Dr. Walter E. Collins: 'Father of veterinary technology'

Published on March 13, 2019
Dr. Collins
Dr. Walter E. Collins graduated in 1961 from the Cornell University College of Veterinary Medicine. He would go on to be a key creator of the veterinary technician curriculum. (Courtesy of John Cheney)

Dr. Walter E. Collins (Cornell '61), a key creator of the veterinary technician curriculum, died Jan. 19. He was 88 years old.

Early in his veterinary career, Dr. Collins worked in Cooperstown, New York, for a local veterinarian before starting his own practice in Delhi, New York. He began to transition into academia in 1964. Dr. Collins was later appointed the program director of the first animal health technician program at State University of New York at Delhi. He received a grant from the U.S. Department of Health, Education, and Welfare to spearhead the creation of a curriculum to train technicians. Dr. Collins was the author and co-author of many vital educational guides for the profession.

"He was a friend and mentor to all his students," said Alan Franks, a professor of veterinary technology at SUNY-Delhi and a former student of Dr. Collins at Delhi in the 1970s. "He inspired us to do our best and, as graduates, to become outstanding representatives of the program and ambassadors for the veterinary technician profession."

During his more than 30 years as an educator and veterinarian, Dr. Collins served as program director of Mountain View College in Dallas and associate professor and coordinator of the veterinary technology program at Michigan State University, where he retired in 1995. He played host to the 1981 Association of Veterinary Technician Educators symposium at MSU, which led to the formation of the National Association of Veterinary Technicians in America. The AVMA House of Delegates approved the use of the title veterinary technician instead of animal health technician in 1989.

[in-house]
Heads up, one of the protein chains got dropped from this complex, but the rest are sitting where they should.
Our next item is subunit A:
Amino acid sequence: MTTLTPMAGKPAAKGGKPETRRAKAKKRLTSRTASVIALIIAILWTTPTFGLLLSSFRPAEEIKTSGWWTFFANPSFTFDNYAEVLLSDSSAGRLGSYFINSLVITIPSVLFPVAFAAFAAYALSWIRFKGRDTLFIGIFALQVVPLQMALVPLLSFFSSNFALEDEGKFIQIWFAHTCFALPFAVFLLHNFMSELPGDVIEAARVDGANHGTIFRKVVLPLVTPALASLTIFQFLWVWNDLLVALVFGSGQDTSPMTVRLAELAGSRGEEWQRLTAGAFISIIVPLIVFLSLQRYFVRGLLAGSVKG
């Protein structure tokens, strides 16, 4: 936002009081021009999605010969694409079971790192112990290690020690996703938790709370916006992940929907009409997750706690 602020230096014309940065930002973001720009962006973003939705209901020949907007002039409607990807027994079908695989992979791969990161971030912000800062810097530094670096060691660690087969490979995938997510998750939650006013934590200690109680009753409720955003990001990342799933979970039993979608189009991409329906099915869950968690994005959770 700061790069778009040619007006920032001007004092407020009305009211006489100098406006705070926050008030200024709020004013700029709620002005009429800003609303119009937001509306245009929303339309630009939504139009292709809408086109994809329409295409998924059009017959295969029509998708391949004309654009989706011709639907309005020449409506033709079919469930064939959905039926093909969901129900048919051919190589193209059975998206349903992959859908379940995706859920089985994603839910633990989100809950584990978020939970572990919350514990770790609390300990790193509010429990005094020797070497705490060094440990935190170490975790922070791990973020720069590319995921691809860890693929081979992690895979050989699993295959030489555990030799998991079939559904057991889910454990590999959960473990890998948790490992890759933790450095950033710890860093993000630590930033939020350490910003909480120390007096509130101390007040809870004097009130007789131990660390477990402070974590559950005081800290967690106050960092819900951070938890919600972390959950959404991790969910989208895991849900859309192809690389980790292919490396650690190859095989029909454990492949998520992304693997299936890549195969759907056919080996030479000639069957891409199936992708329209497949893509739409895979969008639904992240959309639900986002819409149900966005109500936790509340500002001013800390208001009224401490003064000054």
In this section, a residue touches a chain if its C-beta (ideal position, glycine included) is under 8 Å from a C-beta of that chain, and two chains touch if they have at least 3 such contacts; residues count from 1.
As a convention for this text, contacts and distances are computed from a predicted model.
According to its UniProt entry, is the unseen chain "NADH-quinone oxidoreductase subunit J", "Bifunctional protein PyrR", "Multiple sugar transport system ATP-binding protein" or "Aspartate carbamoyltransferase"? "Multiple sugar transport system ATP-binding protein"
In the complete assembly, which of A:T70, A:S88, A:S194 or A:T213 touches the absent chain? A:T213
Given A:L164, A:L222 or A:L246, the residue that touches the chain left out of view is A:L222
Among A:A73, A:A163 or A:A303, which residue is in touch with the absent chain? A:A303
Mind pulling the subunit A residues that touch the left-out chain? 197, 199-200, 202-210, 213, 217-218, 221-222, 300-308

"The field of veterinary technology owes a debt of gratitude to Dr. Collins for all he has done to promote and advance our chosen profession," said Erin Spencer, NAVTA president and a certified veterinary technician. "It can easily be said that Dr. Collins accomplished more on behalf of the veterinary technician profession than any other individual. As early as the 1970s, Dr. Collins was advocating for veterinary technicians to be utilized to their fullest capacity, a sentiment that continues today."

In 2011, Dr. Collins was formally recognized by SUNY-Delhi for his efforts and granted the moniker "father of veterinary technology in the U.S." during the program's 50th anniversary celebration.

"With his passing, Dr. Collins' legacy is every veterinary technician who has ever graduated from a veterinary technician program in the U.S. He was truly the father of veterinary technology, and he is the godfather of every veterinary technician," Franks said.

Dr. Collins was a former president and lifetime member of the AVTE; he was on the National Veterinary Technician Testing Committee, which was charged with developing the Veterinary Technician National Exam; and he served on the AVMA Committee on Veterinary Technician Education and Activities, among others.

Dr. Collins is survived by his wife, Beverly; two sons and a daughter; six grandchildren; seven great-grandchildren; and two brothers and two stepsisters. Memorials may be made to the American Veterinary Medical Foundation, 1931 N. Meacham Rd. Suite 100, Schaumburg, IL 60173, with checks made payable to the American Veterinary Medical Foundation and "Dr. Walter E. Collins" in the memo line.

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